Again, I told her she was doing well, and it wouldn't be much longer. I asked her to say "Hi" to Jack for me. Puzzling as it is for me she seemed to have nice feelings about her mother the last few years so I mentioned Grandma Seal as well. That name reflects on a time of innocence for me, before I was eight. I was the first grandson and couldn't say Lucille, so she became Grandma Seal for all her grandkids.

I don't have any particular beliefs about the afterlife if any, just a mild curiosity. If there is more than a switching off of the lights I'll be pleased and happily surprised, if not it will simply be a long sleep. Funny how my funny brand of faith prefers what I consider the honest mystery of not knowing, and that comforts me. Funny and contrary of me I suppose that the unknown is my comfort. It will be as it should be is my hope and faith. Still, I talked of it in a way which she believes and finds comfort. I don't disbelieve so it is not insincere, and Mom's beliefs are an amalgam unique to her. We have that in common, the uniqueness of our beliefs, so they can't be the same.

Jack was a story teller, and I told her I missed his tall stories. And weren't they all tall? I think that earned a fleeting twitch of a smile. I wasn't there long, but I flittered through topics like that in addition to reminding her she'd soon be seeing those who preceded her. For all of these last visits I also reminded her we'd be taking her and Jack to Neah Bay for a farewell and scattering of their ashes. It sounds morbid when I think about it logically but it was anything but. She asked me to remind her, so I did and it made the conversations for the last six months frank and open about her passing.

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I talked to the Hospice nurse working with Mom a short while ago.  Yesterday when I said we were probably looking at weeks was likely optimistic, which I suspected even as I wrote it.  Rene(e?) said that she is no longer able to swallow.  She is medicated to keep her comfortable, and there is no indication she is over medicated.  They have been watching the pain in her legs, and we already knew the cancer moved to the bones.  It appears to have metastasized more, including the brain which is a possible or likely cause for the inability to swallow and her increased problems forming words lately.  Of course right now she doesn't seem to be speaking at all.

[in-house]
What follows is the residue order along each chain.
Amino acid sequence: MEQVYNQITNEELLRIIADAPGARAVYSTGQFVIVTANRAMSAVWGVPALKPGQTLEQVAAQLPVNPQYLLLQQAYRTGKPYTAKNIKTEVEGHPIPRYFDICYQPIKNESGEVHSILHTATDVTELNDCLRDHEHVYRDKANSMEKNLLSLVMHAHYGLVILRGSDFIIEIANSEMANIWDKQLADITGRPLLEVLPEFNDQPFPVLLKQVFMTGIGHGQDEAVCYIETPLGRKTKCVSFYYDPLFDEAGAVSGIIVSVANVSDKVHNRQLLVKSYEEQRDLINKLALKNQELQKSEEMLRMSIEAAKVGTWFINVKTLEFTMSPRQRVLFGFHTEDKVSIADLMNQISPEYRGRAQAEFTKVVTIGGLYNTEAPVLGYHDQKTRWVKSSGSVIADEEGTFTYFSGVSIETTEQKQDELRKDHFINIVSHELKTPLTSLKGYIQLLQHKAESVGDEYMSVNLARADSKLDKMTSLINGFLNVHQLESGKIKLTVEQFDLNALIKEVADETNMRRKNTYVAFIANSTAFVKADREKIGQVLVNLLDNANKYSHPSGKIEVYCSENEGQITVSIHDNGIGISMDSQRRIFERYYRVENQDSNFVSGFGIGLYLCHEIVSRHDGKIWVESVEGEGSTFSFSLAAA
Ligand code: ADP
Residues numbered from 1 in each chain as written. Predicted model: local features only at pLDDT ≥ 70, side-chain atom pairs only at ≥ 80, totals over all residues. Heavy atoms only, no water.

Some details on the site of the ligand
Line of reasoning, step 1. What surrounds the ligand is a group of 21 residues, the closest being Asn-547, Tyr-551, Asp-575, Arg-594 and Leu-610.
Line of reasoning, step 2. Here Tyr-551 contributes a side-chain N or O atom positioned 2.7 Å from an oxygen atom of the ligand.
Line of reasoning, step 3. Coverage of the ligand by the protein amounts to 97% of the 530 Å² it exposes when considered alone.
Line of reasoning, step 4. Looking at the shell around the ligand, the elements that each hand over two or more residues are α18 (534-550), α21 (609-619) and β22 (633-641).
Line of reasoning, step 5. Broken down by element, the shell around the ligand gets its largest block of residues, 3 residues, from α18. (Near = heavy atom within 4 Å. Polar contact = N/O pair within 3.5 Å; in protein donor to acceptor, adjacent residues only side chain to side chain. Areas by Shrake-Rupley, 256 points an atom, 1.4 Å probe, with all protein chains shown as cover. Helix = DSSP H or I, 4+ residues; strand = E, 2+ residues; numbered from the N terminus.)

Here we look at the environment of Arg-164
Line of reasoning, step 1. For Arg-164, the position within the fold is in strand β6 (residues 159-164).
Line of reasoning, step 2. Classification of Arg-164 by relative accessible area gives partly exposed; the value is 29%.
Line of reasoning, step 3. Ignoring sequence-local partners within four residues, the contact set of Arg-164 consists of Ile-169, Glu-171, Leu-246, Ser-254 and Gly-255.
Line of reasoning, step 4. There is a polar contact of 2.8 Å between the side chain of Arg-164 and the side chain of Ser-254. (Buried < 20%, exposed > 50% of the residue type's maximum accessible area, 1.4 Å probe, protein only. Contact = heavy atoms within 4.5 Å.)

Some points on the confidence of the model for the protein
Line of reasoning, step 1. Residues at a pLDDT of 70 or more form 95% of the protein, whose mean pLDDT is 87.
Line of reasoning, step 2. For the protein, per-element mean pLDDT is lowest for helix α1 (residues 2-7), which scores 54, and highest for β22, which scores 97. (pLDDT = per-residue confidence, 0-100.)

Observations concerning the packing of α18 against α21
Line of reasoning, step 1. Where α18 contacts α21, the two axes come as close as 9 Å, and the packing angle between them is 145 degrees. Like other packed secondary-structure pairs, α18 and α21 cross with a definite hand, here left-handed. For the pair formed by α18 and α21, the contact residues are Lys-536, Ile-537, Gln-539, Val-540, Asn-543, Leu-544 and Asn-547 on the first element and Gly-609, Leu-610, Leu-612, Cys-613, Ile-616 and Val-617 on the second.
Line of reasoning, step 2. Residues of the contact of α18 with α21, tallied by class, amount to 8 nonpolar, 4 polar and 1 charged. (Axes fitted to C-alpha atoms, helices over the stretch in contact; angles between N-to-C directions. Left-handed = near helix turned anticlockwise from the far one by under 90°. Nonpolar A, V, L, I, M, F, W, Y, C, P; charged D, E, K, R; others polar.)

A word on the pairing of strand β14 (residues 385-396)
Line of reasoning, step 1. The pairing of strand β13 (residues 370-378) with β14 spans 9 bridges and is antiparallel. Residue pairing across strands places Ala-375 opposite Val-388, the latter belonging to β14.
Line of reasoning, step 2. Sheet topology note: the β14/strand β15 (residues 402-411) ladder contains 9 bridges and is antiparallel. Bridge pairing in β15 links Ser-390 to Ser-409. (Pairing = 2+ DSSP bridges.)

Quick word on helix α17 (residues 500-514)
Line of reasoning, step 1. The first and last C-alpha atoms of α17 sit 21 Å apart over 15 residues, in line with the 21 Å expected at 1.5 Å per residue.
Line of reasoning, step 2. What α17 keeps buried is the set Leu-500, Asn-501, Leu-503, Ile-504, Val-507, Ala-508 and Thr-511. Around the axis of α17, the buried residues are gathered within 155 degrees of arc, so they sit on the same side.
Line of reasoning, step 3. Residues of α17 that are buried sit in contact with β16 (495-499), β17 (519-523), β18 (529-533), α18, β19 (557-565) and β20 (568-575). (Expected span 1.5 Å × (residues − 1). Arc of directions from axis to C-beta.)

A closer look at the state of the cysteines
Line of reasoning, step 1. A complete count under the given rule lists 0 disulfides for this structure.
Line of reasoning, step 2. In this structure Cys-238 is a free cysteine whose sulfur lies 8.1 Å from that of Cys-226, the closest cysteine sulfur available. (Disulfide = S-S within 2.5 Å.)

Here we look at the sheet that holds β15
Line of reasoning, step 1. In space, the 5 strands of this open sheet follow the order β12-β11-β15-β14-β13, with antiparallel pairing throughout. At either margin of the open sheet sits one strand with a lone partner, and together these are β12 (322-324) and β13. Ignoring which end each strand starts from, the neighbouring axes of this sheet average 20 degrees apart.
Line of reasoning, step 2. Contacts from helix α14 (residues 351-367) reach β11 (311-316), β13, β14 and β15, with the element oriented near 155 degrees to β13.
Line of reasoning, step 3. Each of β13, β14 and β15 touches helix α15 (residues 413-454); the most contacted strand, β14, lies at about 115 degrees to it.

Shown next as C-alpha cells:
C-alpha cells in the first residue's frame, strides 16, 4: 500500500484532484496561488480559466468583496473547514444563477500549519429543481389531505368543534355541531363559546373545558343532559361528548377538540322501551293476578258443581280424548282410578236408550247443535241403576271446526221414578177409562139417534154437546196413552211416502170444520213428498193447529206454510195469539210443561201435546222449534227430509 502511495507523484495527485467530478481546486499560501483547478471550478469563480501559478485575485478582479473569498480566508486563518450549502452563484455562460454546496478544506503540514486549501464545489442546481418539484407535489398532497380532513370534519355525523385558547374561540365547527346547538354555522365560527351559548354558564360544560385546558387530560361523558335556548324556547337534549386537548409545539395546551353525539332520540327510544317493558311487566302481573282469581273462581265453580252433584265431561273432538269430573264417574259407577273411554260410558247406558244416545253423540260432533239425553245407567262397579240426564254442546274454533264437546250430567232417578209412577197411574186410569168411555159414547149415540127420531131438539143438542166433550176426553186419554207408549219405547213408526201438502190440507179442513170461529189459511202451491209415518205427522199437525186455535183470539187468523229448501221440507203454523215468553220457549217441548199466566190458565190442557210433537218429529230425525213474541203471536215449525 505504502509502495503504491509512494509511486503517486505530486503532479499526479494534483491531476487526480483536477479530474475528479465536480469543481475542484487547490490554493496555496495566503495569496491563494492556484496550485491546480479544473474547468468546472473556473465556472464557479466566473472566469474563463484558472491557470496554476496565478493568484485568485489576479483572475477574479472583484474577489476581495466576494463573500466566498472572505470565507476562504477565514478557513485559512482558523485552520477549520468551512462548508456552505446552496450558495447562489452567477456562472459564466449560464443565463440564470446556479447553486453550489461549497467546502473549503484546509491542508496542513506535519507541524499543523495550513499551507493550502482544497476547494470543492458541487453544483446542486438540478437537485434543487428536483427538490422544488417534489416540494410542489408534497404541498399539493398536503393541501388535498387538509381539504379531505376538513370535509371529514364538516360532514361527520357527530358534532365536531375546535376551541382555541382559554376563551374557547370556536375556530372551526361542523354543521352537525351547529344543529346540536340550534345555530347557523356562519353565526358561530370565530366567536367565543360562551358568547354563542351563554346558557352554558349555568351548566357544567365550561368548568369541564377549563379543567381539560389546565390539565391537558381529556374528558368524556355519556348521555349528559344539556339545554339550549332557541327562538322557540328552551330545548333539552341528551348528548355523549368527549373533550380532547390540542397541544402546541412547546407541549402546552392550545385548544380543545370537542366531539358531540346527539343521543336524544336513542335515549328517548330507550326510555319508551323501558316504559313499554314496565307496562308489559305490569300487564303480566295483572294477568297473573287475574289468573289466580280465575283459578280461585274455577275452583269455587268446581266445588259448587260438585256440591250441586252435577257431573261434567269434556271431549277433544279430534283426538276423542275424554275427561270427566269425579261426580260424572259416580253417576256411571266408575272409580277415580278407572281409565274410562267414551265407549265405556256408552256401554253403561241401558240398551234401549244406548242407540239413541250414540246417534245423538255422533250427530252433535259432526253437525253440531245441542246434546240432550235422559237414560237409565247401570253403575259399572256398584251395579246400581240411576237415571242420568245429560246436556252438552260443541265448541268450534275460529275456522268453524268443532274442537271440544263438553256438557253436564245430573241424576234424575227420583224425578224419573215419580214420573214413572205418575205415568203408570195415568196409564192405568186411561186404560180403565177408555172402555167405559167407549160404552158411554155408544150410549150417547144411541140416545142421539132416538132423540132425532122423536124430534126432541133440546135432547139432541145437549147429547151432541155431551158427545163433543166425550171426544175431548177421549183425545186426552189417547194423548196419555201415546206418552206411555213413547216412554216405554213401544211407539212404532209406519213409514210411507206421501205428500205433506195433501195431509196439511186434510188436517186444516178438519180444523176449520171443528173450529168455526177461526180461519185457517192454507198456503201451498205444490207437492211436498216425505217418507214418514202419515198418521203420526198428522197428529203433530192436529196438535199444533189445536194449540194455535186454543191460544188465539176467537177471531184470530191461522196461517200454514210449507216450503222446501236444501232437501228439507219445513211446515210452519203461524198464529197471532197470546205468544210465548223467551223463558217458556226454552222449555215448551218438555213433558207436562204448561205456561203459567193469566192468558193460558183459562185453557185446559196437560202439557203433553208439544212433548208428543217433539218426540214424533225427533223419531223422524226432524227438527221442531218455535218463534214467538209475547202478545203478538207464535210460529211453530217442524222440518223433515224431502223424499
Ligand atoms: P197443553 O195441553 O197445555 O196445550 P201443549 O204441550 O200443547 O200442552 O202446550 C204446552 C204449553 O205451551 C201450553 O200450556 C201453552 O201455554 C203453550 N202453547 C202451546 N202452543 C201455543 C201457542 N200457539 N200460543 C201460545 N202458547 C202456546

Rene said that two weeks would probably be a stretch.  The bottom line right now is that she could go at any moment and what they are working to do is ease her passage.  It won't be a situation where we'll be able to there at the precise moment.

I can't think of anything to add.

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Sunday, October 07, 2012


It's been a while. I didn't write up my last visit which was three and a half weeks ago. For that visit she was a little tired, and pleasant enough but really sleepy so I didn't bother her to long. Just long enough to let her know I'd be out of town on vacation for my next two visits. As part of that I left a couple more birthday cards for her birthday plus nine and ten weeks, along with chocolates. The folks at the Queen Anne Manor reception desk thought it was really cute and fun for her and did bring them in on subsequent Thursdays. That was especially nice as I wasn't able to get her to answer the phone when I called from the road.

I was over this last Thursday, but I hadn't remembered all of my sister Terrie's Email. I was thinking they'd moved her to a new room, not a new facility. She was falling down a lot, including falling out of her bed and the nursing staff felt they didn't have the necessary support for her. The folks there at the time didn't have a clear idea on where she'd moved and when I tried the GPS the closest place for Bayview was over twenty miles away. More talking with Hospice on Thursday and I was able to get the phone number which I was able to plug into the gps.  The new place was also on Queen Anne, much closer to Seattle Center, and is called Bayview Retirement Community, and she is in the medical care unit.